We here at The Placemaking Institute have been researching transit improvements that are happening in Rhode Island which, after Michigan and New York, has been most affected long-term by our recent recession. And yet they are still deeming it integral as part of their rebirth that they invest heavily in multi-modality. Their arguments for proceeding are quite compelling and could very well be applied to the rest of the country. Although Texas in general and Austin in particular have fared relatively well the past couplathree years, our Most Senior Fellow argues that it’s better to learn from past mistakes and act sooner rather than later when it comes to forestalling socio-economic illth.
David N. Cicillini (Mayor of Providence): “As this report details, future economic growth requires reversing the congestion that increasingly clogs our roads and highways. We have to go beyond short-term, stopgap measures like adding new lanes to highways. The real solution lies in creating a great transit system that attracts new passengers, including those who today choose to drive, while continuing to serve riders of the current system. The economic development imperative for transit is made more urgent today by the interrelated challenges of rising energy prices, risky dependence on foreign oil supplies, dwindling global fossil fuel reserves, and the environmental toll of oil consumption including poor air quality, loss of open space, and climate change. It is my hope this report helps to advance the goal of building a stronger transit system by increasing public understanding of the value and benefits of transit, and by identifying transit options deserving further study.”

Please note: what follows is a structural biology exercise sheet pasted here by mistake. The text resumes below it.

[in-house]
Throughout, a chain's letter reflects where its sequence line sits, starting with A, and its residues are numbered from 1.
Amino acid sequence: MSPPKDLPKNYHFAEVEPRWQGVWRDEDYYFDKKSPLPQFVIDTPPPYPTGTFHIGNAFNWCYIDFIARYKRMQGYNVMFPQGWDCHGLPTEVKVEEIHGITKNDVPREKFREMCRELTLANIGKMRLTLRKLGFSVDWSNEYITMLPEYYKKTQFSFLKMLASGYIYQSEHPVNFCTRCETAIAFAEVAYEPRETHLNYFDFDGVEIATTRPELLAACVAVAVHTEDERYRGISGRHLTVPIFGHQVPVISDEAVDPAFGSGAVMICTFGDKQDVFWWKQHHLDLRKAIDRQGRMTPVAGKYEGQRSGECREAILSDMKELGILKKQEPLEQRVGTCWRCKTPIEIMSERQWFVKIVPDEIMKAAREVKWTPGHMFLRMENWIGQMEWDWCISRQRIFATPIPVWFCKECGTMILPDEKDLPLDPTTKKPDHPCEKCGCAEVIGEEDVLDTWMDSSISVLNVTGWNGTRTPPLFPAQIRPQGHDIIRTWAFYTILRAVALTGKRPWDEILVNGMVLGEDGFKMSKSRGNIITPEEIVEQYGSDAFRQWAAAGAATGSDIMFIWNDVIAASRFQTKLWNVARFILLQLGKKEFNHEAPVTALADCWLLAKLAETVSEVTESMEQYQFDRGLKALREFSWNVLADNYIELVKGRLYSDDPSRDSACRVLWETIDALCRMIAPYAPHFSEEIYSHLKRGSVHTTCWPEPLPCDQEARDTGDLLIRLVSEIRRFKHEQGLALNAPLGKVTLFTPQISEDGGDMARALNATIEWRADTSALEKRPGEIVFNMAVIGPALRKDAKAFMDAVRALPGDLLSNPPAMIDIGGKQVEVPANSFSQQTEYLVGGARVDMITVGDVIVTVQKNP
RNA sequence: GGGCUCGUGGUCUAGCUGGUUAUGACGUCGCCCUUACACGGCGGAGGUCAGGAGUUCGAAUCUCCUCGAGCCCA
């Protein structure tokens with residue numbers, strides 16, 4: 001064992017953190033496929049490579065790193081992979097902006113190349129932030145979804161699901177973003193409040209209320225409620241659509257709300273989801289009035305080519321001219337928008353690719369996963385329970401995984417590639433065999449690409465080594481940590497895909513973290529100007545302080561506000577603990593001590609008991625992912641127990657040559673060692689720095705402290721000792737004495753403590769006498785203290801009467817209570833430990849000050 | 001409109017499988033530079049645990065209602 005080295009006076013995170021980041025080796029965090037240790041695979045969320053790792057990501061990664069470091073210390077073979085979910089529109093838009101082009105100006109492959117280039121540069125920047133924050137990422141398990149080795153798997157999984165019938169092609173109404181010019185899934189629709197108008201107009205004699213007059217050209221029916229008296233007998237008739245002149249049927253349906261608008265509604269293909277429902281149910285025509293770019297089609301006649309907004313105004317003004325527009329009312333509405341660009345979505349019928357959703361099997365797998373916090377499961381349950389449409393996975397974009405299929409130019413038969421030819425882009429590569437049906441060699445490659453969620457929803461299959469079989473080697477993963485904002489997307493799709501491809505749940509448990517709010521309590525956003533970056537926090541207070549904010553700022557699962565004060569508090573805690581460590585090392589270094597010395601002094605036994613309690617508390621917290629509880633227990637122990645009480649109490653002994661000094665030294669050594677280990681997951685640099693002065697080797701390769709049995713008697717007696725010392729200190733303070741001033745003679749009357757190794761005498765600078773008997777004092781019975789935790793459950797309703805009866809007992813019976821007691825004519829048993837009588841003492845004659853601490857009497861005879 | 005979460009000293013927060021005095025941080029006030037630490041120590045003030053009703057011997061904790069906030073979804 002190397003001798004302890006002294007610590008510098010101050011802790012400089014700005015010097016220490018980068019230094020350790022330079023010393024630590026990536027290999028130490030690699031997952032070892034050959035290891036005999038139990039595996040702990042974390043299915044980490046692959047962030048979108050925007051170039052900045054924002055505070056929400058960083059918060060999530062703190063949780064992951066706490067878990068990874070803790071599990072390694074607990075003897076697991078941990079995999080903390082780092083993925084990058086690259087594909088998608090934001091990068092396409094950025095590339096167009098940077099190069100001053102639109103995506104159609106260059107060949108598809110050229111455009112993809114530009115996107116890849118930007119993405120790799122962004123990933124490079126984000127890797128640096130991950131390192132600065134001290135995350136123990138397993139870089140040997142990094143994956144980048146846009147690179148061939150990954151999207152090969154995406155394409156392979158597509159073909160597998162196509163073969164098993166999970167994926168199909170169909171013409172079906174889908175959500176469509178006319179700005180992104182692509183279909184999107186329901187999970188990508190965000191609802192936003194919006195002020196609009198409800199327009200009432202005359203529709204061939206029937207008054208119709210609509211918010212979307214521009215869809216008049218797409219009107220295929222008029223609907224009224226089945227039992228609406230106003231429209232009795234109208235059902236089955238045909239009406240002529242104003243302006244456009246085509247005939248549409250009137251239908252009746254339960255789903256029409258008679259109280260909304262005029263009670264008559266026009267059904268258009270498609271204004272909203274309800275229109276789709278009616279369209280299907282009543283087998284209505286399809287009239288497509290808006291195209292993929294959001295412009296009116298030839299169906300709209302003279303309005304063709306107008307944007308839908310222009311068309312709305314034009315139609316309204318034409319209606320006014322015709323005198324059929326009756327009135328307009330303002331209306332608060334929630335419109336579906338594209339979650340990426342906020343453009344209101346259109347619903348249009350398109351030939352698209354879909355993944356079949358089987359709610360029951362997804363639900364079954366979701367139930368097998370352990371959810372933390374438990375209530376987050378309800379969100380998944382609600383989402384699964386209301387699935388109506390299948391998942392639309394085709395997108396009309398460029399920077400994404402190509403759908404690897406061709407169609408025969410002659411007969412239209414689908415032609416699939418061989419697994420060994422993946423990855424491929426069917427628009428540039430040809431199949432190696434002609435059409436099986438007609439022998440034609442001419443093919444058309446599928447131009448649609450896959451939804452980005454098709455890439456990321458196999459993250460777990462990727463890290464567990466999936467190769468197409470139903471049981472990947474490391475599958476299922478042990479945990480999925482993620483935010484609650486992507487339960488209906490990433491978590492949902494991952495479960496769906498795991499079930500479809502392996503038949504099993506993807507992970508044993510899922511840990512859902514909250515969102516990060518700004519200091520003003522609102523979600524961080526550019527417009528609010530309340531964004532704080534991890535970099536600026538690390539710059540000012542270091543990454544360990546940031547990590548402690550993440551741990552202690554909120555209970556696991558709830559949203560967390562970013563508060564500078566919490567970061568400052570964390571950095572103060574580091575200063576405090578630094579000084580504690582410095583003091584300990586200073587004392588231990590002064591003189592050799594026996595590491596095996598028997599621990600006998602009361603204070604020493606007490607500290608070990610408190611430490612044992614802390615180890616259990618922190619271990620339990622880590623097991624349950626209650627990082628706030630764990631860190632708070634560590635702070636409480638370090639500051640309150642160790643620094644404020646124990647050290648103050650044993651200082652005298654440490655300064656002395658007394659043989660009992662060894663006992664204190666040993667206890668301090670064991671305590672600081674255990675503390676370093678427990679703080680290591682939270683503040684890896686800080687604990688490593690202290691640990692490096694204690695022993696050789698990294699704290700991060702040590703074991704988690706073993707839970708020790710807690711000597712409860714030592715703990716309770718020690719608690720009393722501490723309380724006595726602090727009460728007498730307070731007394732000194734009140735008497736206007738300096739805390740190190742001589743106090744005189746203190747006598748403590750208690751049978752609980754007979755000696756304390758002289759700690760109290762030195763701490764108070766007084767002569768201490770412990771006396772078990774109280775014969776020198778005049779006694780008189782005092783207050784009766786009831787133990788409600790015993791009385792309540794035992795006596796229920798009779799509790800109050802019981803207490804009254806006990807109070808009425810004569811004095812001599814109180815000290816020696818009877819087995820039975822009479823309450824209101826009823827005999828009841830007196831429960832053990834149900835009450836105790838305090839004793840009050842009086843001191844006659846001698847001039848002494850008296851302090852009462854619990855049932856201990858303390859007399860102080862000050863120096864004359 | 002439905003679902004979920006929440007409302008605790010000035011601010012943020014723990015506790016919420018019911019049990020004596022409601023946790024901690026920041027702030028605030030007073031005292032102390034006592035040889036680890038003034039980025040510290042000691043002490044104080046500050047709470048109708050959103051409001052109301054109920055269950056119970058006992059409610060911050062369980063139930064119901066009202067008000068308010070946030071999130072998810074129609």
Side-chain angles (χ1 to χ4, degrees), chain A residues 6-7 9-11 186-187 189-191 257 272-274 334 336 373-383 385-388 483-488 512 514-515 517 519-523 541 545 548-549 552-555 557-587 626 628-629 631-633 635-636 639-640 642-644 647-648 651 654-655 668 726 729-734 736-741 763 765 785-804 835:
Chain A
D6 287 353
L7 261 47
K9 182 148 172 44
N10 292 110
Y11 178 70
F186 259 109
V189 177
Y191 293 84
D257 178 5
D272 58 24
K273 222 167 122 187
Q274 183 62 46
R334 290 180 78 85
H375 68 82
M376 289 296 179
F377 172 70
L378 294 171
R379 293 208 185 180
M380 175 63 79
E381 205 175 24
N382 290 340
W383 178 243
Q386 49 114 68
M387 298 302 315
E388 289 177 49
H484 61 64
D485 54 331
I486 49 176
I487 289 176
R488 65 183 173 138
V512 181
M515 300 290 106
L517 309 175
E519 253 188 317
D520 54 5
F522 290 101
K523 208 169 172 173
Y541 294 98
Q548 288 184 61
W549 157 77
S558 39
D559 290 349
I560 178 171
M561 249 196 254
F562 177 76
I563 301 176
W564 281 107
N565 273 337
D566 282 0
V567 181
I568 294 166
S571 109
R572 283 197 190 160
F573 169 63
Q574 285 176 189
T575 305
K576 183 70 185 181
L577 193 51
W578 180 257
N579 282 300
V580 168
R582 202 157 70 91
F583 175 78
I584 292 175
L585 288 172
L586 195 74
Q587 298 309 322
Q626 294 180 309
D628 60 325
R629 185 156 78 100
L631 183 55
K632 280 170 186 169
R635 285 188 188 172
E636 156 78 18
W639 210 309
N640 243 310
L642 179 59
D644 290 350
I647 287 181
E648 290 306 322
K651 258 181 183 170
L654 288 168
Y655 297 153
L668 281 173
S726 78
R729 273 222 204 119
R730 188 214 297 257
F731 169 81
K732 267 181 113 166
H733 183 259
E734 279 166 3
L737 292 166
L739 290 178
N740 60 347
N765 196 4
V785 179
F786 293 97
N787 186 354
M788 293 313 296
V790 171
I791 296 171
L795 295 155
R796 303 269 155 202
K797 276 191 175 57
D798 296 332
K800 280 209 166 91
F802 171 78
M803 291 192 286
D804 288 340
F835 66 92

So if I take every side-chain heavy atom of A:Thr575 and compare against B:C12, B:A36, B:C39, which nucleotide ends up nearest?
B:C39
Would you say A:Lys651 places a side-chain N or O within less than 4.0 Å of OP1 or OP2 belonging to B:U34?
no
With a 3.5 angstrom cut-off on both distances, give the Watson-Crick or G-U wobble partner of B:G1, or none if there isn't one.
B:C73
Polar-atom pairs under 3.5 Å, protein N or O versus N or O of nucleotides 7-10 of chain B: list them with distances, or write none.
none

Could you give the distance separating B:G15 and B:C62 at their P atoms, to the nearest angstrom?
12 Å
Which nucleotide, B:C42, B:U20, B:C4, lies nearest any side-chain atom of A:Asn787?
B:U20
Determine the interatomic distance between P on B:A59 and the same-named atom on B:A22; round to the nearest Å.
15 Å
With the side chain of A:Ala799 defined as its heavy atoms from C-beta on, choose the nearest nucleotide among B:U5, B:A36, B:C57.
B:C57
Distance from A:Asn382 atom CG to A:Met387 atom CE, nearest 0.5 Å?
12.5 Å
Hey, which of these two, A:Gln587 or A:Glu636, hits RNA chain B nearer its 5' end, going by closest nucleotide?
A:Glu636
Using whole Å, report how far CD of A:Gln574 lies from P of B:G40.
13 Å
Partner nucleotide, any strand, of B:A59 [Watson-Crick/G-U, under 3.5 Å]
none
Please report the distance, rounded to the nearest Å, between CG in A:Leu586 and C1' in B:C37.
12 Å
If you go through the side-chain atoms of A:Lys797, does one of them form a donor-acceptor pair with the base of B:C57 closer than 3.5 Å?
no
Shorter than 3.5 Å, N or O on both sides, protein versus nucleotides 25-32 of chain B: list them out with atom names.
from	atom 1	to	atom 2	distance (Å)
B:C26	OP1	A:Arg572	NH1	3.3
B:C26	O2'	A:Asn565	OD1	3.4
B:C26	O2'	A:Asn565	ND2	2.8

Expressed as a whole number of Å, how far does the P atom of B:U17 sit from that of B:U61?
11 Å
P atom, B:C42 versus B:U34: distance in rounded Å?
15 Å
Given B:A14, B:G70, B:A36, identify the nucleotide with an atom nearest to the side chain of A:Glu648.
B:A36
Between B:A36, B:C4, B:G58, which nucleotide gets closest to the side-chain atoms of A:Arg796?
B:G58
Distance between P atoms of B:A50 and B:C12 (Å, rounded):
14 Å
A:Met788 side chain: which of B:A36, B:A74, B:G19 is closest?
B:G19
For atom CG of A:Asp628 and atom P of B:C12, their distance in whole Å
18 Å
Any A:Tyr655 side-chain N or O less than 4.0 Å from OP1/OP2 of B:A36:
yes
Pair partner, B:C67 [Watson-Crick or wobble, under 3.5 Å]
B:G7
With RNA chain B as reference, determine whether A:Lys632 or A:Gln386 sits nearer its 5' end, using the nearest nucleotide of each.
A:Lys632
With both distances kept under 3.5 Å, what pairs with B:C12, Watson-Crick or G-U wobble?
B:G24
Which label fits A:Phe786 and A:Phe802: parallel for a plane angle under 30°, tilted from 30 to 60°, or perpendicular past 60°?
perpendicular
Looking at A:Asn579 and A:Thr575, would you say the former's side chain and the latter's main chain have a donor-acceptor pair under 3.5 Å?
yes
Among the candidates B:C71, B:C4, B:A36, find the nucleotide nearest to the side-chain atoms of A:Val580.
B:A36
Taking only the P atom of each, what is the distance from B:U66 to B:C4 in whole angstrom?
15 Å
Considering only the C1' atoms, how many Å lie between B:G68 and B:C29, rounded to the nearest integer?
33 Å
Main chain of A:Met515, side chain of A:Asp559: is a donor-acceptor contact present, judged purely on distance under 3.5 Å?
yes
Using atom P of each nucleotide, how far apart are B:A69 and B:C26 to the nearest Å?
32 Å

Growing Smart with Transit: “Rhode Island needs to make an investment to develop and maintain a seamless, integrated, high quality transit service that builds on and complements the existing system. An investment in transit will yield numerous benefits: decreased congestion on our roadways; increased economic development potential Statewide; improved environmental quality, including reducing greenhouse gas emissions that threaten significant climate change; a better position for the City and State in competition with metropolitan areas making significant transit investments; preservation of the quality of life that distinguishes Rhode Island by supporting smart growth and preserving open spaces; an opportunity to meet the needs of the State’s changing demographics characterized by an aging population, growing urban communities, and new citizens who expect and rely on robust transit.”
Daniel Barbarisi: “While the study’s larger ideas may be far off, the report does address some quick-fix options for improving transit in Providence. It suggests “branding” bus routes, as Boston does with its red line or silver line designations, or labeling certain routes for their significant uses, like a “meds and eds” route for hospitals and colleges, or an “arts and entertainment” route… the system plans to roll out a number of high-tech improvements in the near future, including computerized signs providing real-time bus arrival estimates, electronic-fare buses, flexible passes, and new security features on its buses… (RIPTA) is looking at moving from its hub-and-spoke model to one of multiple bus “nodes” around the city…(The report) envisions streetcars running on rails on several corridors through the city (and) also mentions exploring light rail in and around Providence, but light rail is expensive — roughly $30 million for a mile of track, depending on conditions. But streetcars can accomplish much the same thing, for anywhere from $3 million to $10 million a mile..The report also recommends creating disincentives for the use of the automobile, advocating legislation that pressures large public companies to reduce their employees’ reliance on cars.”